Group Exercise Specialty Classes: Bootcamp or HIIT Class?

Group Exercise Specialty Classes

Understanding the Difference Between Bootcamp, HIIT, and Strength Classes

Clearly, there has been a radical change in the way group exercise classes exist in our currently reformed society. With many people unable to exercise at a gym or shared facility, group exercise shifted online.

Many trainers and coaches have repurposed their toolkits so they can continue training online, and therefore have needed to be creative in marketing their classes. With sunny Los Angeles being one of the primary destinations for fitness trainers and enthusiasts, many of them have taken their classes to the park. Creative trainers have made flyers on Canva or other social media template pages to advertise their fitness class.


Bootcamp classes are popular mostly by the name they imply; sounds like a kickass workout that military academies would do, and therefore it must be effective. Generally speaking, bootcamp is a broad umbrella term for a class structure that features a combination of body weight, metabolic, core, and cardiovascular movements done to condition the body.

But what exactly is a bootcamp class, and how do you program for one? See below for an example of a full body bootcamp workout.

Early Morning Bootcamp

Warm UpPart 1Part 2FinisherCool Down
5 Minutes15 Minutes


10 Reps Each

15 Minutes 


45 ON // 15 REST

5 Minutes


20 ON // 10 REST

5 Minutes
StretchesSquat + Curl180 Squat JumpPlank Up + DownLight Cardio
Body WeightLunge + PressPower Push UpSide Plank DipsStretches
Light CardioSide RaiseWindshield WipersSide Plank Dips 
 Front RaiseStep Through LungeMt. Climbers 
 Leg RaisesStep Through Lunge  

In some instances, the trainer will specialize in a particular part of the body, or on a particular feature, such as ‘Booty Bootcamp’ or ‘Suns Out Guns Out Bootcamp’. Underneath all the glamor, the exercise programing is not much different than a high intensity or strength class–there are just different ways of organizing the workout. In this workout, there was a circuit where all moves were based on rep counts, and there was another segment where all movements were time-based. The workout also features a combination of strength and weight exercises along with core and cardiovascular exercises. 

H.I.I.T. Classes

Just like crossfit, HIIT classes boomed in popularity as almost all gyms and trainers were featuring their own version of a HIIT class. HIIT is short for high intensity interval training, which utilizes a specific component of exercise physiology to burn as many calories in as little time as possible. Countless research papers have been published through the NIH (National Institutes of Health) showing how the body responds to periods of high intensity training followed by periods of recovery. The science is simple: exert as much energy as possible in a given amount of time, and then recover, and then repeat it over and over again until you’re exhausted. 

The intensity of the workout depends on a combination of different factors: how long is the interval of work compared to the interval of rest (work to rest ratio), what types of movements are being performed, and how hard are the clients pushing themselves?

One of the biggest differences between bootcamp and HIIT classes is that a bootcamp has more variability in the programming, where HIIT classes are usually confined to ON and OFF intervals. See below for a sample HIIT workout:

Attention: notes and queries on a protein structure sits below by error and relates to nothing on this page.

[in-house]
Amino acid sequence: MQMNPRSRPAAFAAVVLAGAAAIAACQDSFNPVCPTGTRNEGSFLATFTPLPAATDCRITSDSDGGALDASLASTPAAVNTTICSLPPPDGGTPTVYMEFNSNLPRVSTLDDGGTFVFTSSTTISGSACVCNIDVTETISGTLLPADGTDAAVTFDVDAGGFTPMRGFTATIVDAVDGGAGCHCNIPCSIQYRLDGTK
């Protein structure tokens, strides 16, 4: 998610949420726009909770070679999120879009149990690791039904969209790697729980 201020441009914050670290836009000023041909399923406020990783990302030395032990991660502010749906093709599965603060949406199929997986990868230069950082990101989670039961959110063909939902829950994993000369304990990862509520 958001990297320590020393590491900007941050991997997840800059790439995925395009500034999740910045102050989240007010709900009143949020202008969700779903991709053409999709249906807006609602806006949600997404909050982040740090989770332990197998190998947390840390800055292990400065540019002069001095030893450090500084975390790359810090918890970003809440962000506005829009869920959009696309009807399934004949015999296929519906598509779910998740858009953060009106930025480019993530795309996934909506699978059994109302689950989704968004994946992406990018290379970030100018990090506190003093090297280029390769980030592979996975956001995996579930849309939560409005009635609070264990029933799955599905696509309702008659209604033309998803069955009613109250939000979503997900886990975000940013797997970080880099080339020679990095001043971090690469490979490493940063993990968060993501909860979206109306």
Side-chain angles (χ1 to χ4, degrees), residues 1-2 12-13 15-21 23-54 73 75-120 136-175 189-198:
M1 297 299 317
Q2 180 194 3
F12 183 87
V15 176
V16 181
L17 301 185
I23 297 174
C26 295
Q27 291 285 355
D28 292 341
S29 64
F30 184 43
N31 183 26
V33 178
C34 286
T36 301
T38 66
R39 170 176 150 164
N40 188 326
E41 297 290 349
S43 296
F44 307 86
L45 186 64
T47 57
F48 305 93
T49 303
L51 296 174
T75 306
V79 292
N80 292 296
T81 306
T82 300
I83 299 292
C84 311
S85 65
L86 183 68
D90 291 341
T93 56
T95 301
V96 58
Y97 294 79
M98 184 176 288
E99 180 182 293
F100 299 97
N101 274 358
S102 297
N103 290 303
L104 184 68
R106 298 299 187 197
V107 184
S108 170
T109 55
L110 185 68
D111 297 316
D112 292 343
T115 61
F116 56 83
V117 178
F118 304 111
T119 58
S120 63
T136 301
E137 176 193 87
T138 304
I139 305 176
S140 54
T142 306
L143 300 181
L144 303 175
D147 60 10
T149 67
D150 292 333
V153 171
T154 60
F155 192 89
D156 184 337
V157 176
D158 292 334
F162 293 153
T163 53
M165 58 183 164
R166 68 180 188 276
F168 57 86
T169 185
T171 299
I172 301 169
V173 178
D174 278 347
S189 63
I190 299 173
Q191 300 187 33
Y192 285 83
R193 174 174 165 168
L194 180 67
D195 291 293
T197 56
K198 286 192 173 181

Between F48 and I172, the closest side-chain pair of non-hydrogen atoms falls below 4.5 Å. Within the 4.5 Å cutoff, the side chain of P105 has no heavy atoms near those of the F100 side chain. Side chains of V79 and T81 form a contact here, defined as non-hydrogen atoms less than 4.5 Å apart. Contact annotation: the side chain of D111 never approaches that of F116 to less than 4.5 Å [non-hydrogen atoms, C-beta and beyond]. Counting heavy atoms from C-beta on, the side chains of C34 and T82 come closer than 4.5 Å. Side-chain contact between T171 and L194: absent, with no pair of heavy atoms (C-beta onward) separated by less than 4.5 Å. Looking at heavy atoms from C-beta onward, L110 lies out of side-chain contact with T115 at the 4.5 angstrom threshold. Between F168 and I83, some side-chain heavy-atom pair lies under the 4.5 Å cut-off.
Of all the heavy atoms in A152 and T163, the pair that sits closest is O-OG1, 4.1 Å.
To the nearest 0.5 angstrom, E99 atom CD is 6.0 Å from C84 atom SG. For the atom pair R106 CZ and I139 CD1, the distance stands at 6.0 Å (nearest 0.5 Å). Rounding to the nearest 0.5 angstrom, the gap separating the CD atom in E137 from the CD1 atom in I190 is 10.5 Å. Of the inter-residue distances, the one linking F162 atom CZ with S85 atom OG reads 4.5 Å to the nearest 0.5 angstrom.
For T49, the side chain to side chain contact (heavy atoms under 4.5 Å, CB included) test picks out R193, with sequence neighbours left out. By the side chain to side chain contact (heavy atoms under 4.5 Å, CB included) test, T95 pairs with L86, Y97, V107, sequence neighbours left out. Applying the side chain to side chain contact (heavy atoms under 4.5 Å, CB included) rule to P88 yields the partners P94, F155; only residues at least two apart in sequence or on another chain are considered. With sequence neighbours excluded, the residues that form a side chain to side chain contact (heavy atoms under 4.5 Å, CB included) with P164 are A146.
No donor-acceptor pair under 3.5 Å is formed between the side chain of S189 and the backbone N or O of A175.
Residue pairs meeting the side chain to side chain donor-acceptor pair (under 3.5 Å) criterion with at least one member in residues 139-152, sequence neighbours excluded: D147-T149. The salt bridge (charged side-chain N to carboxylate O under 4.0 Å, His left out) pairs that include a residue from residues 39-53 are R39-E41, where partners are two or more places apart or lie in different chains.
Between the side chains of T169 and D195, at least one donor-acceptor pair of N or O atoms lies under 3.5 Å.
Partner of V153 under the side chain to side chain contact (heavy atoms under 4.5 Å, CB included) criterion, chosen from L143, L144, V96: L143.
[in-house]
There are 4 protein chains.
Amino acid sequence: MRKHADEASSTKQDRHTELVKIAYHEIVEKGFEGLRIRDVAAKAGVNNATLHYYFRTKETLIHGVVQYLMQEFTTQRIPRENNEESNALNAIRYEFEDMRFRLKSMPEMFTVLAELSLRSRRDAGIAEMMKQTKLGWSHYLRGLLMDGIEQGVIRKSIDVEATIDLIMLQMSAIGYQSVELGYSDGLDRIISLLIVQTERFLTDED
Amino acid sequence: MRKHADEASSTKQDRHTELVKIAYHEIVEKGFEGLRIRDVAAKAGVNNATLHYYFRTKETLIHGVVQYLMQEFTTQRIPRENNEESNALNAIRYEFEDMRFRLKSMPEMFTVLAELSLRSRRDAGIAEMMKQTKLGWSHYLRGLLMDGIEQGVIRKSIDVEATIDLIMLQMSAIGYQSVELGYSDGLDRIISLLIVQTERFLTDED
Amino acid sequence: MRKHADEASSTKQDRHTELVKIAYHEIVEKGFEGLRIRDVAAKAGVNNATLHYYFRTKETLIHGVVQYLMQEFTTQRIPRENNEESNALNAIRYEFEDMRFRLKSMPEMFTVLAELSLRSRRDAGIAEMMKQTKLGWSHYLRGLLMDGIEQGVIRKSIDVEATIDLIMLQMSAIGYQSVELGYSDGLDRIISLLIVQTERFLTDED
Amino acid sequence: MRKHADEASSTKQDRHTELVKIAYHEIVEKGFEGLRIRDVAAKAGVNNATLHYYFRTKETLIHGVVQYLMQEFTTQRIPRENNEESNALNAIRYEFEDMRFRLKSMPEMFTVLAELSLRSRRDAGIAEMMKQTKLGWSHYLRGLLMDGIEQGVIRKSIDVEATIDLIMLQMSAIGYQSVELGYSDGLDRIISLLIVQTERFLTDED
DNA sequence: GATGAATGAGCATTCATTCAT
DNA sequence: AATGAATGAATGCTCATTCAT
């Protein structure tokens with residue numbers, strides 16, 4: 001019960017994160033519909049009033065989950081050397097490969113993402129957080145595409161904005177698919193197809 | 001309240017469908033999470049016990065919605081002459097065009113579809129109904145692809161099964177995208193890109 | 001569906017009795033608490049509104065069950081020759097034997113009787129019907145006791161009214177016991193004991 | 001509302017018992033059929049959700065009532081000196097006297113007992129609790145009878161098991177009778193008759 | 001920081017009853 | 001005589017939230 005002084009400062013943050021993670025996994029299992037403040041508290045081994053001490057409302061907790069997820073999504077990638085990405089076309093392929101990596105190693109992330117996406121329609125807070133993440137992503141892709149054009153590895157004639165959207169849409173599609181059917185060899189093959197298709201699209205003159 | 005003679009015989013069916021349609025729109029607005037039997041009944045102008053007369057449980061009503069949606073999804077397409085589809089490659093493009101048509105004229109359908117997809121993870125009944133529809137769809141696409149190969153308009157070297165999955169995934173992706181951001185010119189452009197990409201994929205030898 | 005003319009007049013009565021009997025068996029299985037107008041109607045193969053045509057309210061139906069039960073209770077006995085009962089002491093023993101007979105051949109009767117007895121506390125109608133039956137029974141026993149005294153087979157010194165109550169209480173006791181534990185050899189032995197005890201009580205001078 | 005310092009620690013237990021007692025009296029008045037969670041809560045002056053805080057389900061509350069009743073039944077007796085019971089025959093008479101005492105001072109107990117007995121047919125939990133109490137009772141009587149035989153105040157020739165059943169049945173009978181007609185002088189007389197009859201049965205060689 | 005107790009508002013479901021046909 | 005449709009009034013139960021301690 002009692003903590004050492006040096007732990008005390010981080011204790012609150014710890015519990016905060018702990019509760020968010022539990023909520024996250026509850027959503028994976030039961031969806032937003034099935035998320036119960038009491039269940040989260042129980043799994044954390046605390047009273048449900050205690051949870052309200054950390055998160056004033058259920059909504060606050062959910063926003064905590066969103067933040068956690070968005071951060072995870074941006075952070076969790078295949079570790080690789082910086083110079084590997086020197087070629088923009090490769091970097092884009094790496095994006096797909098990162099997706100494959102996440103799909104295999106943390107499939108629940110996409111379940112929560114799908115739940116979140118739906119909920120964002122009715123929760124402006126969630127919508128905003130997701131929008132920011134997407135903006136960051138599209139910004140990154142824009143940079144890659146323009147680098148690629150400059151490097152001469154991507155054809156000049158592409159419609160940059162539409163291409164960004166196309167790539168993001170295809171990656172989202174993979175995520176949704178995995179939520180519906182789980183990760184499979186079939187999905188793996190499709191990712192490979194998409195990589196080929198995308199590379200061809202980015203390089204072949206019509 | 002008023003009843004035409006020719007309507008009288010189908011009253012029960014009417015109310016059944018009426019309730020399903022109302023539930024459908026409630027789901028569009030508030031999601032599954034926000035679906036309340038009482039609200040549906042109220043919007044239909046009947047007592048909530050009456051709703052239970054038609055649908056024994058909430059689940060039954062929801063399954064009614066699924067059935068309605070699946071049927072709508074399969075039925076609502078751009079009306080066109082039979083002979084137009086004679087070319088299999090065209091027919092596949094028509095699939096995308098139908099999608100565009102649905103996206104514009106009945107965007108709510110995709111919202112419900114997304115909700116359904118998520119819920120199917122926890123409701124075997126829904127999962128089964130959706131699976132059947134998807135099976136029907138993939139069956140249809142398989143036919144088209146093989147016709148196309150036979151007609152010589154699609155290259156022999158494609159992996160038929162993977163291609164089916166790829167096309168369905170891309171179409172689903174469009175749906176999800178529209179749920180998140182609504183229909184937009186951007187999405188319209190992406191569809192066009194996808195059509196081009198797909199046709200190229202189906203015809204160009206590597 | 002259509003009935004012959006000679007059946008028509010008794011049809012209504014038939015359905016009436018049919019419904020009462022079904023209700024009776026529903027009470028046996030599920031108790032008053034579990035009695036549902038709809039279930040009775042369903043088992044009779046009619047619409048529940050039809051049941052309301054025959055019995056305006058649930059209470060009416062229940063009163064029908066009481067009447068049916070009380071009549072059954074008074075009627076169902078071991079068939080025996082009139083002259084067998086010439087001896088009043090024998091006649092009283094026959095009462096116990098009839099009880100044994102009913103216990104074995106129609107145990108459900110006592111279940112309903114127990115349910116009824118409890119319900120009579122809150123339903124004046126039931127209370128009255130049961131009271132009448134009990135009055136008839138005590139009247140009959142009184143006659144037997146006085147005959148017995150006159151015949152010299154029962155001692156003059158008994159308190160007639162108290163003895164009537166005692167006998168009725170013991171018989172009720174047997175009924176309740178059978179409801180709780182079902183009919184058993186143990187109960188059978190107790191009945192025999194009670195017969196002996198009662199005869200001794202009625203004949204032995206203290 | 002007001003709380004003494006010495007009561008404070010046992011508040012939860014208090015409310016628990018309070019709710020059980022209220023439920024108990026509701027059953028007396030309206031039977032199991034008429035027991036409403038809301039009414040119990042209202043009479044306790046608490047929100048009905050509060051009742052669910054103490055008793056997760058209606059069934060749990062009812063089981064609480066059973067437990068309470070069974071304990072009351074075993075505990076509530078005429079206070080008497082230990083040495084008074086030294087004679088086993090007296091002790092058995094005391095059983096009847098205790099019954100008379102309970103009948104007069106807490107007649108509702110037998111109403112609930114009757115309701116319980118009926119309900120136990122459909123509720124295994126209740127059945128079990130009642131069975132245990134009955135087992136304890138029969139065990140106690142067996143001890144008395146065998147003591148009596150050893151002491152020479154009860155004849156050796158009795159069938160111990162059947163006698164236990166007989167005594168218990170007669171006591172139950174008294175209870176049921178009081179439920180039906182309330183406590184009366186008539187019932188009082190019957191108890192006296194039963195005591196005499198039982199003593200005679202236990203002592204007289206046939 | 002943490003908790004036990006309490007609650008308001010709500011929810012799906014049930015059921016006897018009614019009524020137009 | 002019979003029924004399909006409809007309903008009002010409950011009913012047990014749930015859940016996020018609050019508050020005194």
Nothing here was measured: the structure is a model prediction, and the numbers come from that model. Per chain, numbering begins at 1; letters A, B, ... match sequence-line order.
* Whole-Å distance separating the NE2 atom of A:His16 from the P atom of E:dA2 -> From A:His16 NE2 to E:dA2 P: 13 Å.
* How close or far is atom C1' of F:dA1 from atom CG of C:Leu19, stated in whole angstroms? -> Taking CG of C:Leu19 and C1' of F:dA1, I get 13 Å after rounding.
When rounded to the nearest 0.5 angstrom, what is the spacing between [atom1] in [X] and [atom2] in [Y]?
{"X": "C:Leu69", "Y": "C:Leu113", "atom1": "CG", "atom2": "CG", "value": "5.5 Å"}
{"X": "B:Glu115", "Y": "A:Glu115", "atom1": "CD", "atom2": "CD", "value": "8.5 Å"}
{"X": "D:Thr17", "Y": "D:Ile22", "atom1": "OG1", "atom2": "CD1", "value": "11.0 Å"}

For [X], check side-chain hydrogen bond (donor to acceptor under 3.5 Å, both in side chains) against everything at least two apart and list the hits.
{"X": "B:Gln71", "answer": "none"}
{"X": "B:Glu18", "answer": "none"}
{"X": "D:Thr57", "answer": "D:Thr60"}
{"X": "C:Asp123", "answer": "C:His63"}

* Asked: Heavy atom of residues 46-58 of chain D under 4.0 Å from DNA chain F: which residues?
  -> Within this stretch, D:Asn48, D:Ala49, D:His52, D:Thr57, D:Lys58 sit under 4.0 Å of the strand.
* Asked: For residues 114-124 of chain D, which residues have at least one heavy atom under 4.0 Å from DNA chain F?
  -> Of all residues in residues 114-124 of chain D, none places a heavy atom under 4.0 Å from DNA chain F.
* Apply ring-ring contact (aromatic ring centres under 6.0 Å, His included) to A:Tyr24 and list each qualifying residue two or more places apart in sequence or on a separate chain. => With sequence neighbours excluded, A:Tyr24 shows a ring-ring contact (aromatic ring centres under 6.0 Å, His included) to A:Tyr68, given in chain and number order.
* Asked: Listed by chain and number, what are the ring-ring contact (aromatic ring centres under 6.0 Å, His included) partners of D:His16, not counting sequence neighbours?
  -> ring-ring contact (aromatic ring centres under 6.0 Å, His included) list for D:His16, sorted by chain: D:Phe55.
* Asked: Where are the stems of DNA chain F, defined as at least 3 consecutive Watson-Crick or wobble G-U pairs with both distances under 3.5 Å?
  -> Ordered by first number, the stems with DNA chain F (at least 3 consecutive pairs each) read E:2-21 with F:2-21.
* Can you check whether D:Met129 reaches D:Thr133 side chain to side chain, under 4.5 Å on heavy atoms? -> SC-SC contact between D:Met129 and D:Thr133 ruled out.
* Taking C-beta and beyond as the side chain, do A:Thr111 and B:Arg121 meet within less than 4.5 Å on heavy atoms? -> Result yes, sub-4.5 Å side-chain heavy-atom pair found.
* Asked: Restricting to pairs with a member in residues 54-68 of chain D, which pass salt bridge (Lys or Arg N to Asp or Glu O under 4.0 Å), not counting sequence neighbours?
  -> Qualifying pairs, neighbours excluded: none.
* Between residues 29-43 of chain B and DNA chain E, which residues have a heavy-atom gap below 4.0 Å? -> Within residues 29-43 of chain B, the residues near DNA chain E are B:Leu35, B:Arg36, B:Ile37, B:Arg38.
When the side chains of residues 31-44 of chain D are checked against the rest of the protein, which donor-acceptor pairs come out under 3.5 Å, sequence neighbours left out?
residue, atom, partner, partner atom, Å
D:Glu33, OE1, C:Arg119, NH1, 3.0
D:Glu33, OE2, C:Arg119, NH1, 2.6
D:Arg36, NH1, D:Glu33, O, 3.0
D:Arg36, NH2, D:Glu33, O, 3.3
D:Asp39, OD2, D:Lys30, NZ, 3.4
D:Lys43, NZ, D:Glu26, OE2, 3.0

Full Body HIIT Workout

Warm UpPart 1Part 2Part 3Cool Down
5 Minutes3 Rounds
60 ON / 30 OFF
4 Rounds 
40 ON / 20 OFF
5 Rounds
20 ON / 10 OFF
5 Minutes
StretchesSquat + Curl180 Squat JumpSprint (Treadmill)Light Cardio
Body WeightHip Bridge MarchPower Push UpPower Lunge JumpsStretches
Light CardioChest PressWindshield WipersMt. Climbers 
 Deadlifts Step Through LungeV Ups 
  Step Through Lunge  

Strength Class

Strength classes have become more popular in the last decade as more evidence shows how important it is to build muscle. Many gyms and facilities offer a variety of strength training classes, and they typically follow the same format from place to place. Unlike boot camp and HIIT classes, strength training classes rarely have any cardiovascular components to them; instead, the focus is on build muscle strength using the following different methods:

Methods to Build Strength

  • Progressively lifting heavier weights (inverse relationship between weight/rep)
    • As the load (weight) increases, then repetitions will decrease
    • Ie: 100lbs x 12 reps → 130lbs x 8-10 reps → 150lbs x 5-6 reps
  • Supersets or giant sets (superset = back-to-back exercises without rest)
    • Agonist & Antagonist = opposing muscle groups (biceps vs triceps)
  • Time Under Tension: the longer a muscle is contracted during time, the more sarcomeres are being torn and thus builds strength
    • Helps to focus on the eccentric portion of the exercise (the lowering phase)
    • Ie: in a bicep curl, it is returning the weight down to the starting point 
  • When possible, focus on compound exercises
    • Movements or exercises that require multiple muscle groups at once
      • A. more efficient use of time
      • B. can lift heavier 

See below for a sample of a strength workout:

Full Body Pure Strength

Warm UpPart 1Part 2Part 3Cool Down
5 Minutes3 Rounds
12-10-8 Reps
3 Rounds
12-15-20 Reps
10 Reps EACH
5 Minutes
StretchesDB Goblet SquatBent Over RowHip BridgeLight Cardio
Body WeightSumo SquatArnold PressFloor Chest PressStretches
Light CardioSide LungeOH Tricep ExtensionChest Flies 
 S.L. Deadlifts  OH Lat Pullover  

At the end of the day, a successful group exercise class does not depend on the name or type of class; instead, it depends on the experience you gave the members. The perfect combination of intensity and enjoyment is a critical component, and it goes without saying that it is a lot easier said than done.